Opening Up

flagI pretty much live in campgrounds here in the USA. I have a rule: No politics in the campground. We are here because we love nature and the outdoors (most of us anyway) so let’s all get along. Another reason of no politics is safety. Some people feel very strongly about their political affiliation, some so much so I fear for their mental stability. Mostly, I believe in the inherent worth and dignity of each person. We all want to feel valued. I may disagree, but it is important to be respectful and listen.

Central Florida

Lately, there has been a “government shutdown” also known as “lapse in funding”. This affects all the National Parks, Preserves and Forests. These are the very places I book because I get a discount which makes it affordable. Now, with the “lapse in funding” some of these are open; some are open, but without rangers, bathrooms or trash pickup; some are closed altogether. You can’t find out if no one is there to answer the phone.

I was lucky the place I’m staying currently is part of the Army Corps of Engineers and is fully funded. The next place, however, is a question. We campers are a friendly bunch (usually) and we’re all exchanging information about where we are heading, which campground is open and which are not. It is interesting how in times of trouble, we can all manage to get together and help one another.


Boat lock at the Army Corps of Engineers

I was joking with a friend the other day how when we were young we could see at a glance which of us were hippies and which were preppies. Then life got going and it became more important to blend in. The older set in campgrounds, baring T-shirt logos or bumper stickers, it isn’t easy to fit people into a political slot. People still group together with other ”kindred spirits”. It’s natural, but maybe too easy to miss a learning experience.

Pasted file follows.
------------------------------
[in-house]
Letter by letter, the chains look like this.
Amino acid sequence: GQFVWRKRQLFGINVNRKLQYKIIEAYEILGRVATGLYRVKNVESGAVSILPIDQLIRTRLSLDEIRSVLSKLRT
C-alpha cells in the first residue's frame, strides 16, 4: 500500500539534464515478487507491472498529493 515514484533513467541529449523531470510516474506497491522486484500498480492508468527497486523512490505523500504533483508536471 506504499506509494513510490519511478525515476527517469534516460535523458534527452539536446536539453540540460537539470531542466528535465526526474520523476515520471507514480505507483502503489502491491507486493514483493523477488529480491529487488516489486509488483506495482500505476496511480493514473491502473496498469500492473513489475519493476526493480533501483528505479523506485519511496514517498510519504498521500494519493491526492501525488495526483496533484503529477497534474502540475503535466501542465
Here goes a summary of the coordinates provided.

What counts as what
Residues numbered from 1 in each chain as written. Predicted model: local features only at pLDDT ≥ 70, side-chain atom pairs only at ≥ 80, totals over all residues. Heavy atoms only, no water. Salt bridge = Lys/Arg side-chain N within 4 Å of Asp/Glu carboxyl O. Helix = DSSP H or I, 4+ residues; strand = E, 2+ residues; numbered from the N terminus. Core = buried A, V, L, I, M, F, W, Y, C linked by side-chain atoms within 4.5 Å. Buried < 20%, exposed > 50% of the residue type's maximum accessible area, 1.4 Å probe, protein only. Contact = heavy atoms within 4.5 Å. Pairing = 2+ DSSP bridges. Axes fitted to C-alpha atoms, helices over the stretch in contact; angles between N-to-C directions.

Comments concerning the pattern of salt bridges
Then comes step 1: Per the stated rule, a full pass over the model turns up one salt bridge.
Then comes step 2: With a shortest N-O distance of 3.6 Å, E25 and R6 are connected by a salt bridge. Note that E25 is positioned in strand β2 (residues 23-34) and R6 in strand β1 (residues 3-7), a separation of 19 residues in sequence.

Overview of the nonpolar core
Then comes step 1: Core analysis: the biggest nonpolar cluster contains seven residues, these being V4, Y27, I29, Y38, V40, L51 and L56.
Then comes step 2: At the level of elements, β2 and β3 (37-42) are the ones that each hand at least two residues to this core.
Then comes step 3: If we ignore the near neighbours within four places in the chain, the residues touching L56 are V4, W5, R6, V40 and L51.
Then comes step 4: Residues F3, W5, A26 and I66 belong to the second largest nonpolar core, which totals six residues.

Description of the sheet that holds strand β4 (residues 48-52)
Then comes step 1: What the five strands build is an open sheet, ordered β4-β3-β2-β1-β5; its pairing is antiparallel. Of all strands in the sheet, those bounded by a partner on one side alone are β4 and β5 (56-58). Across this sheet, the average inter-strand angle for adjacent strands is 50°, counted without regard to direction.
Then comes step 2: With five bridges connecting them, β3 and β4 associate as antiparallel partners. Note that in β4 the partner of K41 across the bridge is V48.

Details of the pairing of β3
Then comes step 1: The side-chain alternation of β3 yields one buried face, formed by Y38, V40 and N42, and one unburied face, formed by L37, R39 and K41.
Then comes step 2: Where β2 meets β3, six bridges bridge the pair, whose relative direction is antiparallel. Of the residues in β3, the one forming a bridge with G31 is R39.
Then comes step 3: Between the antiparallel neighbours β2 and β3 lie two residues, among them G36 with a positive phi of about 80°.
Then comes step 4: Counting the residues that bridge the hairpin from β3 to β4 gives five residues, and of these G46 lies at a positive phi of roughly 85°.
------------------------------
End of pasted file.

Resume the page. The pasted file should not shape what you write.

I’ve befriended a wide variety of people, both progressive and conservative; Christian and Atheist; retired farmers and young tech workers. I tend to connect with people who live in the countryside, many off-grid. I have solar panels, no air conditioner on the roof of a standard van. That probably puts me in a classification, yet one that I’m proud to own. Still, I believe my life would be much less rich if I only made contact with people that live my lifestyle, that agree with me. 

That said, here are some examples of politics in the campground I don’t like:

A bumper sticker in South Carolina
Two images from the same truck (named “Shaggin’ Wagon”)
Note this is not an official vehicle even with the presidential seal on the side and cameras on top.

1 thought on “Opening Up

  1. No politics in a campground is the best rule ever. If you can’t escape politics while camping there are no safe places left!


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